On the day my mother gave birth to her one and only child, she weighed 118 pounds. On the day I gave birth to my first of two daughters, I weighed 181.
My mother also held me in her arms as she rode in the front seat of a sedan from Charleston Memorial Hospital to our Kanawha City home. A seat belt would’ve wrinkled her pre-pregnancy clothes, and she needed the freedom to move her arm to and from the ashtray so she could enjoy a familiar cigarette.
Somehow, I grew up without too many illnesses and injuries as a result of roiling around in the backseat of a station wagon and inhaling second hand Viceroys. But my mother’s 1950s influence crept back into my life when I became a teenager, from the size of my waist to the condition of my skin. There was no excuse for letting myself go. A “foundation” was to cover the face and a “foundation” was to flatten the midriff. Imperfections required immediate attention.
There were many of them. I didn’t inherit my mother’s (or my aunt’s) size 4 “figure”, and I didn’t inherit their alabaster skin. Luckily, most of the girls in my junior high were “built” like I was, so I didn’t notice the mess I was becoming due to erratic hormones. But those chemicals didn’t exist back in the day. No, ma’am. If you were fat and your skin was dry (or oily), it was because you ate the wrong foods and you had poor hygiene habits. Yes, ma’am. It was ALL YOUR FAULT.
Why am I reverting to such a painful time? Because those days are making a comeback. You can thank a woman named Betty Cornell for this return to old-fashioned adolescence. Or, you can hate her. But an ugly attitude won’t make you the most popular girl in your set, she says.
In Cornell’s updated Teen-Age Popularity Guide, the former model shares her secrets for knowing what to do and how to act in any situation at any time. “When you’re on parade all day, you learn pretty fast,” she writes. “You smooth off your rough edges in a hurry.”
Cornell believed in 1953 (and still preaches in 2014) that a teenage girl’s social success is all about poise. You don’t have to be the prettiest girl in school, but to be the most popular, you do have to be the most polished.
Polished? You may ask. Like your mother’s silver. Here are a few tips:
Weight: “If you are sensible, you won’t have any figure problems. You’ll watch yourself and catch any bulges or depressions before they have a chance to multiply.”
Skin problems: “Acne, of course, must be treated by a doctor since it involves more knowledge than any layman has. No teen-ager should take it upon herself to fool around with acne.”
Hair: “Beautiful hair is the most important thing a girl has. It can always overcome the handicap of a not-so-pretty face. Your hair can make or break you.”
Makeup: “Work under a strong light so you can see what you’re doing. That way, you can make sure you powder well up into the hairline and down into the area of the neck and ears. Don’t leave any high-water marks.”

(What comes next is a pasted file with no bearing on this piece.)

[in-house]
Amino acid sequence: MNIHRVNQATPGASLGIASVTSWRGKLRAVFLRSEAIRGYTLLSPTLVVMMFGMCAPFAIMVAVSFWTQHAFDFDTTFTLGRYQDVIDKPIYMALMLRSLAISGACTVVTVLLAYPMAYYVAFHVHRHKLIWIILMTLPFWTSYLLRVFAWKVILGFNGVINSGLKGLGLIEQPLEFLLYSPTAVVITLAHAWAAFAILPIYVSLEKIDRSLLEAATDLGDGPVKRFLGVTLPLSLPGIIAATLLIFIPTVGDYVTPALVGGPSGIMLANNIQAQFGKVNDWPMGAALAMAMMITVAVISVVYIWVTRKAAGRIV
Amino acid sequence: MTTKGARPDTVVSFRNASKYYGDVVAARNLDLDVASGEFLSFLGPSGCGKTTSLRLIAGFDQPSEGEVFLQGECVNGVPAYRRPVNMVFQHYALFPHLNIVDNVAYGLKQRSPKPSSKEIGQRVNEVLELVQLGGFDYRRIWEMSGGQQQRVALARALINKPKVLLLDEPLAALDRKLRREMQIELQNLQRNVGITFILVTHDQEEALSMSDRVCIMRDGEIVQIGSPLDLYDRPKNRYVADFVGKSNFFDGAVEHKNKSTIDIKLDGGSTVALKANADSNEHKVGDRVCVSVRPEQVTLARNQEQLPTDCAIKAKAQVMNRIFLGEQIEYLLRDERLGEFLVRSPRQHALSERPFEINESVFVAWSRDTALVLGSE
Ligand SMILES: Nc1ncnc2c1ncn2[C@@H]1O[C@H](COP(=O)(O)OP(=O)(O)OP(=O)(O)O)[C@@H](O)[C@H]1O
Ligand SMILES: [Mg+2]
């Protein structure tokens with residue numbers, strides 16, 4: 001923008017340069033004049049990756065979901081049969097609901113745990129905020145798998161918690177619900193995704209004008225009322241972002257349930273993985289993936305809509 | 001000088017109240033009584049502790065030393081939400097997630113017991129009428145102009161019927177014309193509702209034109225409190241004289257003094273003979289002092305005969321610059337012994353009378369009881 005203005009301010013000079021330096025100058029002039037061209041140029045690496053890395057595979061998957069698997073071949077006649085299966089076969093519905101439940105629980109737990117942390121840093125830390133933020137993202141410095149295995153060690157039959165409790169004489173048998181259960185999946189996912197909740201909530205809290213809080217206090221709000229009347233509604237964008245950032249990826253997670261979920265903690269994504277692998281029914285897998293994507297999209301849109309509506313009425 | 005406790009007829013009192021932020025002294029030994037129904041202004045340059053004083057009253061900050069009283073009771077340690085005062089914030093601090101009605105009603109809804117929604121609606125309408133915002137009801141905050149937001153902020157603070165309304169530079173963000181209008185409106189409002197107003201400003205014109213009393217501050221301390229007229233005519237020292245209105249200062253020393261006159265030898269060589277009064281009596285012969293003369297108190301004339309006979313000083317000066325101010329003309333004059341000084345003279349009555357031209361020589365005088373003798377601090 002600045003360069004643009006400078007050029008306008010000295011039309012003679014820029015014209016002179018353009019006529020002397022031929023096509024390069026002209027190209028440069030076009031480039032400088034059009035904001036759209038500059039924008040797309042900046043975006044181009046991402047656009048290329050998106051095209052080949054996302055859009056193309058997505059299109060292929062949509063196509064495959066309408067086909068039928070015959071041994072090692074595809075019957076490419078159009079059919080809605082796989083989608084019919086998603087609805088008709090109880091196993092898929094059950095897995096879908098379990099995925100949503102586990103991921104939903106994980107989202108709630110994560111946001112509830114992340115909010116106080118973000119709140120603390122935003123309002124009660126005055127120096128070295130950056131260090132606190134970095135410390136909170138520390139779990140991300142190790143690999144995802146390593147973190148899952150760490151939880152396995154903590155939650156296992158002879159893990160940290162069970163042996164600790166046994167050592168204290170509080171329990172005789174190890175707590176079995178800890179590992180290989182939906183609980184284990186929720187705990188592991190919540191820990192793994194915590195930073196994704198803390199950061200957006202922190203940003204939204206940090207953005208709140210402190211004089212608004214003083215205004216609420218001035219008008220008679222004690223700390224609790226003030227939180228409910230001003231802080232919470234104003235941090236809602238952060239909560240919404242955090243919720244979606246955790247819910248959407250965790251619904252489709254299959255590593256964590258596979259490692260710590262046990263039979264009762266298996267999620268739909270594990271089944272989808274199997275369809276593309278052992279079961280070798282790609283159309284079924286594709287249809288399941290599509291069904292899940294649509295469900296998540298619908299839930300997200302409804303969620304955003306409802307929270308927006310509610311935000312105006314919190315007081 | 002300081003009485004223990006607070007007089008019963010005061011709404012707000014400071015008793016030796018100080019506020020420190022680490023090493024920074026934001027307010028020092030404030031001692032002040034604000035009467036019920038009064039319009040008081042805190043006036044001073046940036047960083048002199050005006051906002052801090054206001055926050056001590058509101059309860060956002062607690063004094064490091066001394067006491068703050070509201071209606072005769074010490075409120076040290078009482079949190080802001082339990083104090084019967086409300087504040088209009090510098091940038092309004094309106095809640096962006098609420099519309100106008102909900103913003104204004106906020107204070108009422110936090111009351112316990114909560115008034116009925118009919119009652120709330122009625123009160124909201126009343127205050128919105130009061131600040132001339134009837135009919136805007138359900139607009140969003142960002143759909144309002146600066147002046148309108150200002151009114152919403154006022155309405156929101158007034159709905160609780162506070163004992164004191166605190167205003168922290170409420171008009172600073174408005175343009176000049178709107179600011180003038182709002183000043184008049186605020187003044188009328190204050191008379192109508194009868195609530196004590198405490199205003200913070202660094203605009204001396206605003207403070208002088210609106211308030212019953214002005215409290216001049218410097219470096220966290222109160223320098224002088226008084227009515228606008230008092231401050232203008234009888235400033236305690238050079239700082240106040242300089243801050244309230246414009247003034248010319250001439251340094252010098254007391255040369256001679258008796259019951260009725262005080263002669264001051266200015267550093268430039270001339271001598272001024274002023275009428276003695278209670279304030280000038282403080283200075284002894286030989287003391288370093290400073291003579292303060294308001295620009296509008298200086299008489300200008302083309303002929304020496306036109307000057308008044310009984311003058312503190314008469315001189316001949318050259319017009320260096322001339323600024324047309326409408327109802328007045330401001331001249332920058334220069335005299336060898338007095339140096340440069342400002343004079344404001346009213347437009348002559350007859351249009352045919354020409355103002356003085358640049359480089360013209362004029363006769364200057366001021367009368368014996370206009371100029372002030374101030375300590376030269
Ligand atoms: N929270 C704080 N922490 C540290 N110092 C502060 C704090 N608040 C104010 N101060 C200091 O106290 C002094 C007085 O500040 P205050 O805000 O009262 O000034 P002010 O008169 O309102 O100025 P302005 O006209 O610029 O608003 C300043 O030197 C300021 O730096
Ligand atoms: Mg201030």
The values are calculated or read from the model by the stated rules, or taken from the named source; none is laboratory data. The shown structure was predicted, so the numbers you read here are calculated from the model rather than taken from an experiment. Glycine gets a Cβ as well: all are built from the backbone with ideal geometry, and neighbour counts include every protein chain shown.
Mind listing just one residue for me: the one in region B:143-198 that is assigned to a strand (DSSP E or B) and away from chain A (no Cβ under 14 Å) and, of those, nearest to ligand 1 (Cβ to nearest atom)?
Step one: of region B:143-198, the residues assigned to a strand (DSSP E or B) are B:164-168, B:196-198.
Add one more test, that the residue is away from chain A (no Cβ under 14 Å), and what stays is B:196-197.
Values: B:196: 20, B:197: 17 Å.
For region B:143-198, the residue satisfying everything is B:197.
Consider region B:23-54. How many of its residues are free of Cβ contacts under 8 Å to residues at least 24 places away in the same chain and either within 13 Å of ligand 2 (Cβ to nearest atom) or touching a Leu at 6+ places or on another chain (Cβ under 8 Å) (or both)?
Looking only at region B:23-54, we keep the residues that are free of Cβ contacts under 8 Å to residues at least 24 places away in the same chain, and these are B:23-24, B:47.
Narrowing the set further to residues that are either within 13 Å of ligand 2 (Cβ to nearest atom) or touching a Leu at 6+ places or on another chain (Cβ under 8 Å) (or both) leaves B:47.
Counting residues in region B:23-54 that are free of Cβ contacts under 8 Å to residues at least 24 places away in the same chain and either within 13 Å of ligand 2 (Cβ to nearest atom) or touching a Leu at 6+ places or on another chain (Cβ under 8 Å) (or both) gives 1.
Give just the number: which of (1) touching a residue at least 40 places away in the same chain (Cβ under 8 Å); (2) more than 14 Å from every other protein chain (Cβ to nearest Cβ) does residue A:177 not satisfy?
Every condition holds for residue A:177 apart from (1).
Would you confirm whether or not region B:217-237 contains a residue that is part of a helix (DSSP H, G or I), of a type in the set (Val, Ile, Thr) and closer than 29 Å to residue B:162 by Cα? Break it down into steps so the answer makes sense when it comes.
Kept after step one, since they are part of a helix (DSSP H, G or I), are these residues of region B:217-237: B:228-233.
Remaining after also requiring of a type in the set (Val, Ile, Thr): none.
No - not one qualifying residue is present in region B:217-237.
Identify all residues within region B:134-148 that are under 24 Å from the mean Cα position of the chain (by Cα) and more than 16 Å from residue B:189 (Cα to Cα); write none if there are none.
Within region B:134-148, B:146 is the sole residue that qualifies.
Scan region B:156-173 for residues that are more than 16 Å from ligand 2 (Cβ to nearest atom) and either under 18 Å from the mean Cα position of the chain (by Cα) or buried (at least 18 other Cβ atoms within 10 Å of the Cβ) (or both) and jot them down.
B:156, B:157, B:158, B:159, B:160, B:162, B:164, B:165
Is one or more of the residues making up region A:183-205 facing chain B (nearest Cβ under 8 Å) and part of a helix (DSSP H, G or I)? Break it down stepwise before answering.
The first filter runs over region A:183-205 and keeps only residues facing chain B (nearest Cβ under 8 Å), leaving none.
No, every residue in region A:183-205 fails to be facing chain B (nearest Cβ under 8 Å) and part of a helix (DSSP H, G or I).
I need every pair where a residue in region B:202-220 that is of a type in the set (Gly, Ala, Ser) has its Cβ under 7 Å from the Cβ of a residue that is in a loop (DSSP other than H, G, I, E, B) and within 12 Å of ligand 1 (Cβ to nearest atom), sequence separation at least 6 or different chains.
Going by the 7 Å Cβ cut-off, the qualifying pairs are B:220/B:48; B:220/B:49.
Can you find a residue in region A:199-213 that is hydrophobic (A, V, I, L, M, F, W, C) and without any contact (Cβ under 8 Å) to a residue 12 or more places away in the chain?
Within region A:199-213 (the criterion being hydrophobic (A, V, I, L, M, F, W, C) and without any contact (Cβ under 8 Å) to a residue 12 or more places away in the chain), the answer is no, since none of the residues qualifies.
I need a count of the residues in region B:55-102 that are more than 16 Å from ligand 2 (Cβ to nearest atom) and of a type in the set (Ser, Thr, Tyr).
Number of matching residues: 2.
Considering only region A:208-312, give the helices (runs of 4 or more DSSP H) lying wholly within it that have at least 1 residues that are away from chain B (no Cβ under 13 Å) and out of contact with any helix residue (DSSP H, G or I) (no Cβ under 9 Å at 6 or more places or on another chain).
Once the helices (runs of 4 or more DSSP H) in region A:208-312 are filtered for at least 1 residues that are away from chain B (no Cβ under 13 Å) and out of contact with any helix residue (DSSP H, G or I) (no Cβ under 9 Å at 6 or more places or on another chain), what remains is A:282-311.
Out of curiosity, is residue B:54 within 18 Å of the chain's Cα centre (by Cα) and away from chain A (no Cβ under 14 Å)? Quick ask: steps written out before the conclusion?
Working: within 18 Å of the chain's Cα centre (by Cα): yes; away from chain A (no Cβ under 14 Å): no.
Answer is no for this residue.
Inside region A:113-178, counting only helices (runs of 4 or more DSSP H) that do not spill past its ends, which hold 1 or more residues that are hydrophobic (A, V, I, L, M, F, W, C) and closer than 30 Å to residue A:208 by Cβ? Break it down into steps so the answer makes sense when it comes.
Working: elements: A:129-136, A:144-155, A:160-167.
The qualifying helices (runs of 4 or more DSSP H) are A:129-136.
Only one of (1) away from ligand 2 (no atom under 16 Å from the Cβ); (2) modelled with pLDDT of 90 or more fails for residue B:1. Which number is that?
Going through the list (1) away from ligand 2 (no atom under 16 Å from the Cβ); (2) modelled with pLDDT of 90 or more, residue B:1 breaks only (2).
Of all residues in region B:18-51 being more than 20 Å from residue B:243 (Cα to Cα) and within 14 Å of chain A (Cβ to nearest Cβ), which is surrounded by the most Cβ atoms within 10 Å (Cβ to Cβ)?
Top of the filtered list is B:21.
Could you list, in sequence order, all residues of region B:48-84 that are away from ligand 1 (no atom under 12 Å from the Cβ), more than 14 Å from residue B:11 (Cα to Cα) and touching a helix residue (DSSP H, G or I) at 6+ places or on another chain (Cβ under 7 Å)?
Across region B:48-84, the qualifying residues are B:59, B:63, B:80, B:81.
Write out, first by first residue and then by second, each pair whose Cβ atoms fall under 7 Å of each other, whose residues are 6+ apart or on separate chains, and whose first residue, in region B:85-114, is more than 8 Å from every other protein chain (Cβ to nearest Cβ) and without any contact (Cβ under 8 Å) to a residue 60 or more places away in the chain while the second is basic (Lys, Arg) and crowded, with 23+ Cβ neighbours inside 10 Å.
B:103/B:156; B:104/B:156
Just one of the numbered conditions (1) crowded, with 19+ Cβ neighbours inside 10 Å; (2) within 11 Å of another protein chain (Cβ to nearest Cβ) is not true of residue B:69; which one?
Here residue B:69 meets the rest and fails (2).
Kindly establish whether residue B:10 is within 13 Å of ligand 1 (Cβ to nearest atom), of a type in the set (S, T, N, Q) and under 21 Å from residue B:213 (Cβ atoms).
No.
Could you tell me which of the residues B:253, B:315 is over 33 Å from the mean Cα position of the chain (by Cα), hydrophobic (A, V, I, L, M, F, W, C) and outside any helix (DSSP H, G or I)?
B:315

Modeling tricks: “Above all, do not change your style before your photography appointment — such experiments may turn out too disastrously, and you don’t want to go down in history looking like a freak.”
Good grooming: “I am firmly of the opinion that almost every teen needs a girdle – not a whaleboned ironclad trap, but some sort of lightweight affair to the control the curves.”
Clothes: “You are wiser to buy clothes that fit the biggest part of you (probably your hips) than to fit your smallest part (probably your waist). Never buy clothes that fit like sausage skins with the intention of losing weight.”
What to wear where: “For Heaven’s sake: Have a little pity on others and a lot of pride in yourself. Put on a skirt when you’re shopping.”
Look pretty, be pretty: “Don’t think that you need to turn into a teacher’s pet. Nothing is farther from the truth. Polishing the apple never turned anybody into a better person.”
It’s a date: “Always remember that public display of affection (even to a fiancé) is never, never done.”
Personality: “If you want to be a popular human being, then you have to stop being an oyster and come out of your shell.”
So what do all of these rules and regulations have to do with becoming a popular girl? Cornell writes that it all comes down to a teen’s ability to get along with people, and that requires having her own life well in hand. And if nothing else, when the bread basket is passed, look the other way.
For most middle and high school girls, carbs are the least of their problems. In a day and age of an “I’ll try anything” insecurity, some teens actually believe model-turned-writer Betty Cornell is their last hope. At least, that’s how 15-year-old Maya Van Wagenen felt when she tried every one of Cornell’s tips in an attempt to reverse her status at school. Now a published author (and much better known, if not envied by the movers and shakers), Van Wagenen described herself as among “the lowest level of people at school who aren’t paid to be here.”
Citing Cornell’s book as “vintage wisdom”, the teen commented that she wrote the book Popular to change her own life and to save her little sister from a middle school world of hurt.
After all, no one said pin curls were easy.